SINGAPORE — An undergraduate accused of taking explicit videos of 12 women had his application to leave the country revoked by a district court on Thursday (16 January).
However, District Judge Adam Nakhoda maintained the gag order on the 22-year-old man, despite the prosecution’s attempt to have his identity revealed two days earlier.
The prosecution had on Tuesday submitted two applications to prevent the man from resuming his studies in the United Kingdom and to lift the gag order on his identity.
After considering the matter for two days, DJ Nakhoda said the new evidence revealed the accused’s intention to remain overseas and hence placed him as a high flight risk. He consequently revoked the application that he granted on 10 January that allowed the man to leave the jurisdiction from 13 January to 16 March.
The judge declined to lift the gag order as two of the accused’s victims had not given their consent to the risk of their identities being exposed.
The man, an undergraduate at a top British university, was charged with filming two women in toilets at Orchard Hotel and his condominium on 2 October last year. He was later handed more charges relating to taking upskirt videos of other women or filming them in the toilet.
Ten of his victims had supported the prosecution in its application to remove the gag order, stating that the man should not be allowed to hide behind it. Of the two remaining victims, one had reservations and the other, 16 years old, was not consulted at the request of her family.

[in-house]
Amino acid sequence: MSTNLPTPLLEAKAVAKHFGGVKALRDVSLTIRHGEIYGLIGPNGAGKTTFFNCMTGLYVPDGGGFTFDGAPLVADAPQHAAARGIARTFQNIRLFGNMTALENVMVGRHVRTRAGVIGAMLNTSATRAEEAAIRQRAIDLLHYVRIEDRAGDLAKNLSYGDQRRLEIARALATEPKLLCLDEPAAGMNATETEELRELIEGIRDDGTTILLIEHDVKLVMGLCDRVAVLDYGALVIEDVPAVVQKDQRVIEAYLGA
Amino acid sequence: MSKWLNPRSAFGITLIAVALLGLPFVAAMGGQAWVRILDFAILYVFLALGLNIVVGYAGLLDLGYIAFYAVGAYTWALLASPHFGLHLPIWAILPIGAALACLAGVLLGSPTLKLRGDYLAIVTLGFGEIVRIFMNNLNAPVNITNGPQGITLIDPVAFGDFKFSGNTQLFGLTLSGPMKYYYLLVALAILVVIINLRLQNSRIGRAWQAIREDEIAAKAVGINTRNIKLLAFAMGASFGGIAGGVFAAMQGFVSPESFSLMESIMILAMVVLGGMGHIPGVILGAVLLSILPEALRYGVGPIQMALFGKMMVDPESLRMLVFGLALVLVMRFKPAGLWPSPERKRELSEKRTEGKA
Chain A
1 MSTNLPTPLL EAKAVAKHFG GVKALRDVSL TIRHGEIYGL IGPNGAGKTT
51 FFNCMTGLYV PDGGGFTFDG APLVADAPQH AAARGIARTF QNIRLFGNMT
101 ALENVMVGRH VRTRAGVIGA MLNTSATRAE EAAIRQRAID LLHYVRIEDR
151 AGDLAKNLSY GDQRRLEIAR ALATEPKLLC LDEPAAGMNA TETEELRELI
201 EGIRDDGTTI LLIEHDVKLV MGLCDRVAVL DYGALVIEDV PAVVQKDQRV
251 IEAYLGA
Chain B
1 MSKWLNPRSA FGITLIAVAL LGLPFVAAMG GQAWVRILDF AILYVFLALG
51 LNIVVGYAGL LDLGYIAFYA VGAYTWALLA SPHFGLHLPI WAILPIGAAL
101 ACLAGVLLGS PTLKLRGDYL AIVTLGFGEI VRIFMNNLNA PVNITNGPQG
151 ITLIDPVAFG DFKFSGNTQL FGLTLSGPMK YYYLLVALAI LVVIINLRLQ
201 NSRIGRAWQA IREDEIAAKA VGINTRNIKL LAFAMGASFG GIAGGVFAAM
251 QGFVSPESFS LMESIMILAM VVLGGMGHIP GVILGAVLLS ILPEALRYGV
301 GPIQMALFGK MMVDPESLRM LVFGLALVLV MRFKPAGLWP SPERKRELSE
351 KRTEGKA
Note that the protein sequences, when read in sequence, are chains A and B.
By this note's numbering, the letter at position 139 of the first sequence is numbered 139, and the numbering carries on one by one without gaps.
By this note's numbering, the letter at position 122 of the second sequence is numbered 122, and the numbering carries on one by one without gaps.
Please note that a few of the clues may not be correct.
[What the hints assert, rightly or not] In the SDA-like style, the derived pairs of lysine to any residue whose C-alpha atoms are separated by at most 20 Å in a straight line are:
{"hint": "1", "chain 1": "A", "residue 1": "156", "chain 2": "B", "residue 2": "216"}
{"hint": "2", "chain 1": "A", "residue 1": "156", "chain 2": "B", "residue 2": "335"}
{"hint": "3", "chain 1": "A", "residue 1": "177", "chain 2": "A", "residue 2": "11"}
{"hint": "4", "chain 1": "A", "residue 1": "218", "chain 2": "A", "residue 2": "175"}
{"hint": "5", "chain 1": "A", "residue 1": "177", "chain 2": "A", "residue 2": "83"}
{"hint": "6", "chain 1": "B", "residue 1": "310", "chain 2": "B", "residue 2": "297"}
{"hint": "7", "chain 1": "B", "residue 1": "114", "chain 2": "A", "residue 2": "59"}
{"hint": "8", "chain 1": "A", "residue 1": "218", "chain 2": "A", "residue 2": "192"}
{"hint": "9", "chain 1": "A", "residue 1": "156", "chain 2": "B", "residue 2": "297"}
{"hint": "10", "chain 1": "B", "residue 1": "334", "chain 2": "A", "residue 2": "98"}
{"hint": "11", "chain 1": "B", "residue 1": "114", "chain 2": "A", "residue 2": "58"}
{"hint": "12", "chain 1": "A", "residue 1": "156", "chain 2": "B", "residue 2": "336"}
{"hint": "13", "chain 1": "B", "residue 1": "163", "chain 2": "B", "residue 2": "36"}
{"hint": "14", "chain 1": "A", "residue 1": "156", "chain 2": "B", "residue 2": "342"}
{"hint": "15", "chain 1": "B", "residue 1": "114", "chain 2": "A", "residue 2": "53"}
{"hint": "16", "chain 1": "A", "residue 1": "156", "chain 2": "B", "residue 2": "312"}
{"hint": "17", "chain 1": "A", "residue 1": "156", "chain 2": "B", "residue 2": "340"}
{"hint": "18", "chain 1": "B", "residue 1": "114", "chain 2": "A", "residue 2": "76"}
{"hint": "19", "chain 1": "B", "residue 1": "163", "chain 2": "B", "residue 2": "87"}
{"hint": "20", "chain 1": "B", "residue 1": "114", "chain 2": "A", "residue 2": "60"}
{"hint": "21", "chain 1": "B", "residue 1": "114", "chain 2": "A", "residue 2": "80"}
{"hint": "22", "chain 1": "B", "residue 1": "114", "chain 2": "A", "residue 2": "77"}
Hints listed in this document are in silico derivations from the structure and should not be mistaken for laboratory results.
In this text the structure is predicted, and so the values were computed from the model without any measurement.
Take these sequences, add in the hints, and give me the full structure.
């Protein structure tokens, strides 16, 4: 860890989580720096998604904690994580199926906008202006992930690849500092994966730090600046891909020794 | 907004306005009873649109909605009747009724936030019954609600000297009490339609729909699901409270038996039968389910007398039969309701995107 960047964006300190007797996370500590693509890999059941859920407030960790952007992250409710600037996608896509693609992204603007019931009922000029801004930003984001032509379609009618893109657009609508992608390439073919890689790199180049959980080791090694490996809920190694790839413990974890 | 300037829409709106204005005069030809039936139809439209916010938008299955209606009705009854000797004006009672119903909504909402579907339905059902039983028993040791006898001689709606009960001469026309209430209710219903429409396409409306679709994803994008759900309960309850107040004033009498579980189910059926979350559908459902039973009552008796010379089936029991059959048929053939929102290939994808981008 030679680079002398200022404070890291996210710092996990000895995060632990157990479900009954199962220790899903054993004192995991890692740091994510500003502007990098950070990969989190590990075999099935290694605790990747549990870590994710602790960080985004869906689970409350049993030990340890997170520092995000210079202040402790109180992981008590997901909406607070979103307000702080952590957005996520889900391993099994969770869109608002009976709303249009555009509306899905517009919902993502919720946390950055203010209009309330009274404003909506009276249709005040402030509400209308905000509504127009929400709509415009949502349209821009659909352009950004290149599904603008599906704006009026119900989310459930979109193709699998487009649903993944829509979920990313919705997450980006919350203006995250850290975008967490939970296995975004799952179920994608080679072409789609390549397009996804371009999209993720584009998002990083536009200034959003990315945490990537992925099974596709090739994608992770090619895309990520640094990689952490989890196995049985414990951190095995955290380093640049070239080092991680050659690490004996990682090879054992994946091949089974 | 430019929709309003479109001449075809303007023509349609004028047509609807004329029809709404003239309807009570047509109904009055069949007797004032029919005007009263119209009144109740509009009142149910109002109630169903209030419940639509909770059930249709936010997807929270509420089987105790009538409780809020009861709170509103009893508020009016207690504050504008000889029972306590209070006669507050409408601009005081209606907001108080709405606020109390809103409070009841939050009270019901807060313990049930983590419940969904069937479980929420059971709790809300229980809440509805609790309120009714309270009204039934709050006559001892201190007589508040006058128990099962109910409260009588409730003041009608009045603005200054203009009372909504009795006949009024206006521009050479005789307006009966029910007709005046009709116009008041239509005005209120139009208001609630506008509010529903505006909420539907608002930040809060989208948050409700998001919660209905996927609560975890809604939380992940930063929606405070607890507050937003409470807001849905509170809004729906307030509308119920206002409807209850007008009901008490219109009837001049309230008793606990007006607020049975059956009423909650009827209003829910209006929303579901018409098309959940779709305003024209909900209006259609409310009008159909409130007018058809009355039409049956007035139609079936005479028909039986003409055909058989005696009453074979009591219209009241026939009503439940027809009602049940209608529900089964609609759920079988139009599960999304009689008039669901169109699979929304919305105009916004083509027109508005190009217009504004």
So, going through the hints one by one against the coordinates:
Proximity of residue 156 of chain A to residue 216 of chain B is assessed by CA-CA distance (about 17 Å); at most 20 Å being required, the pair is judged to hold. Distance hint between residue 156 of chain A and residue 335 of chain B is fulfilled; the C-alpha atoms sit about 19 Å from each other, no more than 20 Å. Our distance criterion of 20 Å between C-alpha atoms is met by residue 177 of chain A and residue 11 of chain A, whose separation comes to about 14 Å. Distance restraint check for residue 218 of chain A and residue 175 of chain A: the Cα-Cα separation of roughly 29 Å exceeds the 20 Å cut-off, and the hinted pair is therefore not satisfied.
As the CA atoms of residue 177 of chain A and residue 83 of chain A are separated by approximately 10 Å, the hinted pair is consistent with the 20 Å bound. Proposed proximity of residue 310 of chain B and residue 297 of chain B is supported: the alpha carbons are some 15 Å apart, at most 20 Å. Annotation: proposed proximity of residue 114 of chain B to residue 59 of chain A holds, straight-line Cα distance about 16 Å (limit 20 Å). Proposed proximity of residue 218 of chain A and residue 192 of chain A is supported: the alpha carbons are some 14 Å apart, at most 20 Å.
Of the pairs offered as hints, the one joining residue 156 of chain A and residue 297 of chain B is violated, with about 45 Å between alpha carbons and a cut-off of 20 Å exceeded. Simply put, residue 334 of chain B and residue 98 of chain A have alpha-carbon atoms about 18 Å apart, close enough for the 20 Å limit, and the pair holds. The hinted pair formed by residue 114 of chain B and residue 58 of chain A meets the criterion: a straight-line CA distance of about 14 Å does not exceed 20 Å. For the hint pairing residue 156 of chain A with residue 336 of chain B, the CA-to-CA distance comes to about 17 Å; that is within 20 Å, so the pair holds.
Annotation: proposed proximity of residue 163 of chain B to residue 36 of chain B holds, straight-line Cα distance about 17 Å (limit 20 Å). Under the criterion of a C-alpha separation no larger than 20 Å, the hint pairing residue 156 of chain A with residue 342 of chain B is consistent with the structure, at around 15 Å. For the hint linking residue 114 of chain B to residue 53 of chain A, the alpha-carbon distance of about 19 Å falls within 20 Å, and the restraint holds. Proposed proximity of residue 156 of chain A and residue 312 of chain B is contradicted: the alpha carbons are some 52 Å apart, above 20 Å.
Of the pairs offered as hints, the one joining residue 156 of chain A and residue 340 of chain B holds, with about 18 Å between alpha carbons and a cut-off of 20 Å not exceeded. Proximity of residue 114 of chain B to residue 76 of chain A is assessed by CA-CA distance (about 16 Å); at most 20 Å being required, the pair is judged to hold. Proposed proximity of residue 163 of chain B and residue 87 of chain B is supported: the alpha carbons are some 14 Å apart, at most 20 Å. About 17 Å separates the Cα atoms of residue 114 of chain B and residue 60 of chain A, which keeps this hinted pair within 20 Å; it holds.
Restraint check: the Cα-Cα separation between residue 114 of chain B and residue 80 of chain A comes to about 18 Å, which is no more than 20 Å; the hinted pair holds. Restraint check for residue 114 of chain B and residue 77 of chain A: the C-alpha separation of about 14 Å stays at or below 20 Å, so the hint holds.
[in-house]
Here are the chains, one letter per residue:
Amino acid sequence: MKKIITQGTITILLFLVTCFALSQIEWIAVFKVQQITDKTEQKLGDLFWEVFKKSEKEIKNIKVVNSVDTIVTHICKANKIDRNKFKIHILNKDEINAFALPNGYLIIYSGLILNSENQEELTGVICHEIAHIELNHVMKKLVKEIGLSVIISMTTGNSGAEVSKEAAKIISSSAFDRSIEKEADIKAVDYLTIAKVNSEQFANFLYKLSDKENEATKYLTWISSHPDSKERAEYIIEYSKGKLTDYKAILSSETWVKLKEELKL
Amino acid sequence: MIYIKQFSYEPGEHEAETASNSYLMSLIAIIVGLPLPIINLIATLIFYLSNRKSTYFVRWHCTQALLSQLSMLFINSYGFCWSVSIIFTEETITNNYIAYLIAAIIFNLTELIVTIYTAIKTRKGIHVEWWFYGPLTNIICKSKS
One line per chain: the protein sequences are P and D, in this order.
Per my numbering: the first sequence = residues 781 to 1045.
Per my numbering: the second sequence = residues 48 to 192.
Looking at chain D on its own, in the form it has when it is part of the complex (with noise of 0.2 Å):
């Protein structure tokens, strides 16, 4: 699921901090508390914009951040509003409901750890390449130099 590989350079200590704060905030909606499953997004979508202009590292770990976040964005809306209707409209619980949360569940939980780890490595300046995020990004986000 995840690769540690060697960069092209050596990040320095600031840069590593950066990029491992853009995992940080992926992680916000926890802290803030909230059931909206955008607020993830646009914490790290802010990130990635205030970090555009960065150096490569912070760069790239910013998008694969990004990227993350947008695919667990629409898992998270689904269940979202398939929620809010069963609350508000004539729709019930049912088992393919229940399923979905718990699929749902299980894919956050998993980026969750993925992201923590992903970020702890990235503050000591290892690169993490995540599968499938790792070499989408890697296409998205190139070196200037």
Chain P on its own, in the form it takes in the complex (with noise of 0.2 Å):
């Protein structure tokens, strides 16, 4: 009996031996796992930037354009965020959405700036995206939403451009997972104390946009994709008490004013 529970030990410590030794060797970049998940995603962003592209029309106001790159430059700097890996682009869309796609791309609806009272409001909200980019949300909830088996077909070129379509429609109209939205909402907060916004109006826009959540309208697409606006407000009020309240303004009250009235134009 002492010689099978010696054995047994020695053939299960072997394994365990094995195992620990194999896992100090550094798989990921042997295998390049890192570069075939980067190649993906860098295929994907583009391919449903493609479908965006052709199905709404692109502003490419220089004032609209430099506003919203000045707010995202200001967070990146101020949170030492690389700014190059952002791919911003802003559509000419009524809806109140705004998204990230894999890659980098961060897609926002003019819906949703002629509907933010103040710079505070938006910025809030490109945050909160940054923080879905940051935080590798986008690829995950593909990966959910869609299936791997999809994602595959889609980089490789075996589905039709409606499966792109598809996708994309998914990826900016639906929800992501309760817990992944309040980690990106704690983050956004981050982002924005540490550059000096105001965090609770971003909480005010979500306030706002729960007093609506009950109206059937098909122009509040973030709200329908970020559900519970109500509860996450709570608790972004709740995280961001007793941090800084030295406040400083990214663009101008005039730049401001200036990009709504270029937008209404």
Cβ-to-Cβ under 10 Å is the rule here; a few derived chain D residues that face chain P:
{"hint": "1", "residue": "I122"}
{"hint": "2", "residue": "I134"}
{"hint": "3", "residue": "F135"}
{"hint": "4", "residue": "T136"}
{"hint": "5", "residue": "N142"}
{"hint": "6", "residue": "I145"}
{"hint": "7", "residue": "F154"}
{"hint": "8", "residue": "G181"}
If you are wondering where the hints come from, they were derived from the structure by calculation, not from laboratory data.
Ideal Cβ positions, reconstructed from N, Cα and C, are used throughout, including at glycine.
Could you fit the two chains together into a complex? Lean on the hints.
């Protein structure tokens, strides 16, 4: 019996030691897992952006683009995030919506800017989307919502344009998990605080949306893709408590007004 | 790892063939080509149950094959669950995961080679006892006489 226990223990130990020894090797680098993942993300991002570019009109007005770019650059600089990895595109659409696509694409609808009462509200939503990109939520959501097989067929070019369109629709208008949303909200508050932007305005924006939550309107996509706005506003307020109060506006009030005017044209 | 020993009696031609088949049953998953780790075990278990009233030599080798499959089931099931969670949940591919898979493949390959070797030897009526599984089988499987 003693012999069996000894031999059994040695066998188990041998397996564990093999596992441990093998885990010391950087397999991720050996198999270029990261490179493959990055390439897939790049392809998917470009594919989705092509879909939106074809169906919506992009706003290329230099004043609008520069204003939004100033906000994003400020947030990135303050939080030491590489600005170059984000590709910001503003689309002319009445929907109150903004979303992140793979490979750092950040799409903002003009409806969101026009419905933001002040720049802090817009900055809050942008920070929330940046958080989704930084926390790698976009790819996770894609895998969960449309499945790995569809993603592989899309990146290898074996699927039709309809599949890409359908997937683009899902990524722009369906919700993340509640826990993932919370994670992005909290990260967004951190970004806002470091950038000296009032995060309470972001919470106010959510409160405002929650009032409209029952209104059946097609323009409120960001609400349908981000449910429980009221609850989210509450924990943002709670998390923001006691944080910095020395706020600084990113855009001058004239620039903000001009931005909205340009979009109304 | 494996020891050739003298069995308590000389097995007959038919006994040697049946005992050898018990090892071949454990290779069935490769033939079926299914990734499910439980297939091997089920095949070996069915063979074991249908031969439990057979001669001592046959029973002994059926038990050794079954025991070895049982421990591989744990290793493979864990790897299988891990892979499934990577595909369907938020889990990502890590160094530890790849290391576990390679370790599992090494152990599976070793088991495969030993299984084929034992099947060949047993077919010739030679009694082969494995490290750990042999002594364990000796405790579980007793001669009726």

The prosecution had submitted that it was sufficiently difficult to identity the specific victims, while the man’s lawyer Kalidass Murugaiyan said it was up to the courts to decide on the gag order, not the victims.
In his decision, DJ Nakhoda said that the gag order was extended to cover the accused when he was charged as there was a chance the identity of the victims could be exposed based on the location and circumstances of the offences.
“This factor has not changed,” said the judge.
“I agree that the victims’ consent to the accused’s identity being disclosed does not amount to the victims’ waiving their rights to anonymity, it (is) a case of them accepting the risks that their identities may be exposed if the identity of the accused is made known.”
However he declined to lift the gag order as the two remaining victims had not “unequivocally agreed to the risk that their identities will become known”.
Death in messages do not refer to physical death: Judge
Deputy Public Prosecutor Foo Shi Hao had sought to block the man from departing Singapore, submitting fresh evidence which ostensibly revealed his plans to seek asylum overseas. Evidence of this was presented in the form of text messages exchanged between the man and a close female friend, who also happened to be a victim.
In the messages, the man said that he might not return to Singapore and that it would mean certain “metaphorical death” to stay. Contesting the significance of the messages, Kalidass had said that the man was referring to committing suicide.
DJ Nakhoda, however, found that the man had not meant physical death but alluded to how his future would be adversely affected if he were to remain in Singapore. The accused person had also used the word “asylum”, which could only mean that he was contemplating staying out of Singapore to avoid the consequences of his case, said the judge.
While the man had expressed suicidal ideations in a conversation with another friend, the judge found that this was not the tone of the conversation with his female friend.